Each church clock faces a compass point (north, south, west, east) and have been covered with artist Jo Yarrington’s transparent photographs.

One of Iceland’s big tourist attractions is to drive the Ring Road, a 2-lane highway that traces the country’s coast and where all of Yarrington’s photos were taken.

The second set of photos are a birds eye view of Reykjavik from the bell tower on a cloudy, snowy winter day.

 

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Shattered NYC Skyline Part 2

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Another night of storms swirled through New York City tonight - an ominous omen of the hurricane headed up the east coast and might barrel though the city.

I caught these photos from our apartment window as thunder and lighting tore up the sky and spat beads of rain at 45 degree angles.

 

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New York’s Lightning Shattered Sky

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Bolts of lightning shattered the New York City sky tonight as the heavens exploded in streaks of light.

The show started early as a riot of buttery yellows and tangerine oranges traced the fading sun to bed and ushered in nature’s electric performance.

By dark, lightning bolts – some singular and thick, others spindly like a shattered pane of glass - filled the sky and illuminated the mass of clouds hovering over New York City’s skyline in a bleached, bone white broth.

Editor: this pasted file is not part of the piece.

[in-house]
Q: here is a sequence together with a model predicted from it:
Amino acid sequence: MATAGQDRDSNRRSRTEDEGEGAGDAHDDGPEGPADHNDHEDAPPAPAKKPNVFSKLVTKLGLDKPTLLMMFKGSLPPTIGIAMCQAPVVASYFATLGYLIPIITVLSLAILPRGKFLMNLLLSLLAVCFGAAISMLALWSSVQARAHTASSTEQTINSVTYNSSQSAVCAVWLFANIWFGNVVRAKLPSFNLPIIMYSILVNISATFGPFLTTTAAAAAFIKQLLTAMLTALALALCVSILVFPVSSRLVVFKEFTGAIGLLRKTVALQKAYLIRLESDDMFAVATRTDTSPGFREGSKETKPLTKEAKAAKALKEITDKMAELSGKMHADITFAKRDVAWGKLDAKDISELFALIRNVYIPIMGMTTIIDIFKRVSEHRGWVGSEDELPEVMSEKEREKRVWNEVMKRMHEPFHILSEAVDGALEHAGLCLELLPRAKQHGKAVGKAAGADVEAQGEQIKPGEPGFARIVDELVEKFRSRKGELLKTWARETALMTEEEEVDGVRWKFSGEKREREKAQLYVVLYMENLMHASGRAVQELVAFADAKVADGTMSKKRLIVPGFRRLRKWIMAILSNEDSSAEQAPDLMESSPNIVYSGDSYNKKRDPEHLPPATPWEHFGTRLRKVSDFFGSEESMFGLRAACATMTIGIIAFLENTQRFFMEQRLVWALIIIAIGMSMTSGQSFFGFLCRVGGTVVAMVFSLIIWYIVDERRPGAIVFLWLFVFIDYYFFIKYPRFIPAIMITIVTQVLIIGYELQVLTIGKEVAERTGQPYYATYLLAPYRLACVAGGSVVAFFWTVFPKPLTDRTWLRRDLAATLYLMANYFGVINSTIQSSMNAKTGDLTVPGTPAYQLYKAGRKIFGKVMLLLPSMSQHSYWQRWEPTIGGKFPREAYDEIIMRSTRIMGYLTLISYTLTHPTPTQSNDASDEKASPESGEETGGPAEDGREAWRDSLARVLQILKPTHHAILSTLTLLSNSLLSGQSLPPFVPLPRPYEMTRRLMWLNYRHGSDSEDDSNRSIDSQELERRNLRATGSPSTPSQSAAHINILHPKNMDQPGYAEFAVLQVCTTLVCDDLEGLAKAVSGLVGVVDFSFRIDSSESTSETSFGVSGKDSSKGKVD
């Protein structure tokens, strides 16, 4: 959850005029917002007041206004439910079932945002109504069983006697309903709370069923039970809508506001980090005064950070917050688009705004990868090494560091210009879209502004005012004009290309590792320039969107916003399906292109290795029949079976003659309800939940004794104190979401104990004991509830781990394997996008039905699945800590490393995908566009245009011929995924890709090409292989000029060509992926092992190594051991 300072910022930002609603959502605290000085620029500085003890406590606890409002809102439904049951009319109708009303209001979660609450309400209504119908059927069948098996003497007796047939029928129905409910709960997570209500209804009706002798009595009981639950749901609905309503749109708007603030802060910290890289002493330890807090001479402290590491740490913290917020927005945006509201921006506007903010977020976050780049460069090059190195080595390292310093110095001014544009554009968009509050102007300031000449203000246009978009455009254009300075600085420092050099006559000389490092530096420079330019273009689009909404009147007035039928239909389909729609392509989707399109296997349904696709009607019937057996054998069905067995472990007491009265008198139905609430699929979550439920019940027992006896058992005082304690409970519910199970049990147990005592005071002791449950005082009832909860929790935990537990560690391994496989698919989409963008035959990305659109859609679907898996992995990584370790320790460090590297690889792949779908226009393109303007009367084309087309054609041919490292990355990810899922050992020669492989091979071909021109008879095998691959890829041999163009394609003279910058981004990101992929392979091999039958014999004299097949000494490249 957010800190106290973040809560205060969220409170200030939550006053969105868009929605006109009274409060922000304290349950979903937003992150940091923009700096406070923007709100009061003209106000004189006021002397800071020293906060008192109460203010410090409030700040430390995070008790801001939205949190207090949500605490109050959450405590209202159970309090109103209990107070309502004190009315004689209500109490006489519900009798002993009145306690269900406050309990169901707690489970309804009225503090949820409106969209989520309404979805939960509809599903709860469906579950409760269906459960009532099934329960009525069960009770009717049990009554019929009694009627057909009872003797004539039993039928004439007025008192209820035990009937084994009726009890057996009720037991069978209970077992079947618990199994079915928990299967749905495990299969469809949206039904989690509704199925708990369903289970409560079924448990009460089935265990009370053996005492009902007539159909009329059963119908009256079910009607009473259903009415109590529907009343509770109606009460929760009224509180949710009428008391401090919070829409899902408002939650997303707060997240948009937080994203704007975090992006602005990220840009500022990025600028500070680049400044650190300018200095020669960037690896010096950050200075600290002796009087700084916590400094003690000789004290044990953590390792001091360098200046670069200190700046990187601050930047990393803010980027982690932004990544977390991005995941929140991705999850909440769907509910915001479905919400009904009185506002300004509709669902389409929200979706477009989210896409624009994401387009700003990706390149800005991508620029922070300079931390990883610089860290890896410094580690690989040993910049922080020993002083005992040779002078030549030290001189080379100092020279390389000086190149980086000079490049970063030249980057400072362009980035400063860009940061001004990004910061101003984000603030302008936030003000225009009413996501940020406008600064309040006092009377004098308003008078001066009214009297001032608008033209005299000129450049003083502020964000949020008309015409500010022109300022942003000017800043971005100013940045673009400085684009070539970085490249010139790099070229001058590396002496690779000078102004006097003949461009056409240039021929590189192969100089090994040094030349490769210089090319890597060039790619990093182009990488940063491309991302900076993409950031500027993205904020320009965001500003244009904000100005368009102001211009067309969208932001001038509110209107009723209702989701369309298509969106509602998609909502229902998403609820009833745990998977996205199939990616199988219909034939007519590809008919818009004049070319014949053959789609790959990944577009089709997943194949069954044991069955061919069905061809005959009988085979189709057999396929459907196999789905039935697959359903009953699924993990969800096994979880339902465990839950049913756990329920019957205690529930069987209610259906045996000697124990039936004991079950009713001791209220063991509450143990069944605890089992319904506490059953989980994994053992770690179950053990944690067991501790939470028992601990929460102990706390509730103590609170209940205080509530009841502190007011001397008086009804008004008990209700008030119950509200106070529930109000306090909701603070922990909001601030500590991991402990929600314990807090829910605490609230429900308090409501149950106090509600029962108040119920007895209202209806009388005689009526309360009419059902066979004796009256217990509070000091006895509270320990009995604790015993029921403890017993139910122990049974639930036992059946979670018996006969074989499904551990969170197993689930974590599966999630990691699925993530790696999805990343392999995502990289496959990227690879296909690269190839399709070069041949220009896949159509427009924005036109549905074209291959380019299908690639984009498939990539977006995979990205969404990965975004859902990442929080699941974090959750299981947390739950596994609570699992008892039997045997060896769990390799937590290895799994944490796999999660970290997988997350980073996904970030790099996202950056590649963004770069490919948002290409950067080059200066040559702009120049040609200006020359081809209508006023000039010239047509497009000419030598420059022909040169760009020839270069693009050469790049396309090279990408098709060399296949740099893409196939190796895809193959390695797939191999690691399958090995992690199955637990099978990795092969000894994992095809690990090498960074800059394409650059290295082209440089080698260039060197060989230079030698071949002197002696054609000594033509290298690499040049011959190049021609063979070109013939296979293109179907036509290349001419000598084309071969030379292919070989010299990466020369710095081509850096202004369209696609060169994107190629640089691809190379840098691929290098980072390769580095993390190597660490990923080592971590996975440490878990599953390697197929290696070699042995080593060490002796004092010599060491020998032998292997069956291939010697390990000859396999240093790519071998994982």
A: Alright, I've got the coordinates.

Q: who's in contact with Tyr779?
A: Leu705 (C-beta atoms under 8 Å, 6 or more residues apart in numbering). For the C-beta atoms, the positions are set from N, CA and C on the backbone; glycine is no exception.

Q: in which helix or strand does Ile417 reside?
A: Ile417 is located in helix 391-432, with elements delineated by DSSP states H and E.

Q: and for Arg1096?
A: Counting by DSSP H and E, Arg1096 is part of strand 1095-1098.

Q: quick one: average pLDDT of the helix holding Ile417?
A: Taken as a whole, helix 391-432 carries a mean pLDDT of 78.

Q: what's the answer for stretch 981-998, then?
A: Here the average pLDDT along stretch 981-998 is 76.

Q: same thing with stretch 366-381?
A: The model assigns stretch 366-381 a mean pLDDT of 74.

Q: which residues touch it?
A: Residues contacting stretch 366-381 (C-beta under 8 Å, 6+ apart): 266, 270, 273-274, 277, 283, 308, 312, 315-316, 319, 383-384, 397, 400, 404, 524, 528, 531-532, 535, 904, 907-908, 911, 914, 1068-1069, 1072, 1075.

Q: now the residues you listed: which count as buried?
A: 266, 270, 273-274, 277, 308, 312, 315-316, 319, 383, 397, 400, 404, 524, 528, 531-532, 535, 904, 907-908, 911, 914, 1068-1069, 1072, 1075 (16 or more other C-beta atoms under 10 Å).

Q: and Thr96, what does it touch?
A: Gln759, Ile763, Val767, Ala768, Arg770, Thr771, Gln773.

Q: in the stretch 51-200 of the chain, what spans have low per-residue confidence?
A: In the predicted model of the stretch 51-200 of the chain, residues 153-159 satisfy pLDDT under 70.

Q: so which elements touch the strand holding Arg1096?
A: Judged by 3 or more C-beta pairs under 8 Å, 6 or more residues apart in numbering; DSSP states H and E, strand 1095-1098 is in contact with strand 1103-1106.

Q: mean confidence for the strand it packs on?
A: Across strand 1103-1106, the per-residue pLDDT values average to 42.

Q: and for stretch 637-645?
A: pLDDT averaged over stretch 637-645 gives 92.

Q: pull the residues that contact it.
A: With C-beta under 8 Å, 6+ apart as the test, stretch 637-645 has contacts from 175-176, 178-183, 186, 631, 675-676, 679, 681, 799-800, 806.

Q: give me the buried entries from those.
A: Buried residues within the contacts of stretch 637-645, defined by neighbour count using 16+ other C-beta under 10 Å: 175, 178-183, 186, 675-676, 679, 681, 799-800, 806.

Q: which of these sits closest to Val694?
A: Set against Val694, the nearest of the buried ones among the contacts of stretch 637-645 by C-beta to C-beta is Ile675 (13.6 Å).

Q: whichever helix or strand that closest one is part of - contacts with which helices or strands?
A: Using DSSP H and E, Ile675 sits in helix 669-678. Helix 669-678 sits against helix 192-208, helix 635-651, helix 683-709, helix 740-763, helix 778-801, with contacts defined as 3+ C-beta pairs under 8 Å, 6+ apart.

The Freedom Tower’s 408-foot spire and its 288 LED lights serve as a beacon of light and seducer of nature’s raging power and I captured their grace from my roof.

Tell me what you think of the view.

PS: I’m lucky to have the consummate assistant/wife who held the umbrella and made sure the camera stayed dry and the photos possible. So as promised: muchas gracias.

 

 

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Portraits of Homelessness Overcome

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A few weeks ago while shooting portraits for Homefirst, an organization in Plainsfield, NJ that works to keep families from becoming homeless and help homeless families find homes, I felt amazed and humbled at the kid’s perseverance.

Homefirst transformed the lives of each of the 3 teenagers photographed. The first is a basketball star that has ambition (and talent) to go pro. The second will be joining the military to pursue a career in medicine. The third is studying to become a nurse, has a fashion line and a strong entrepreneurial spirit.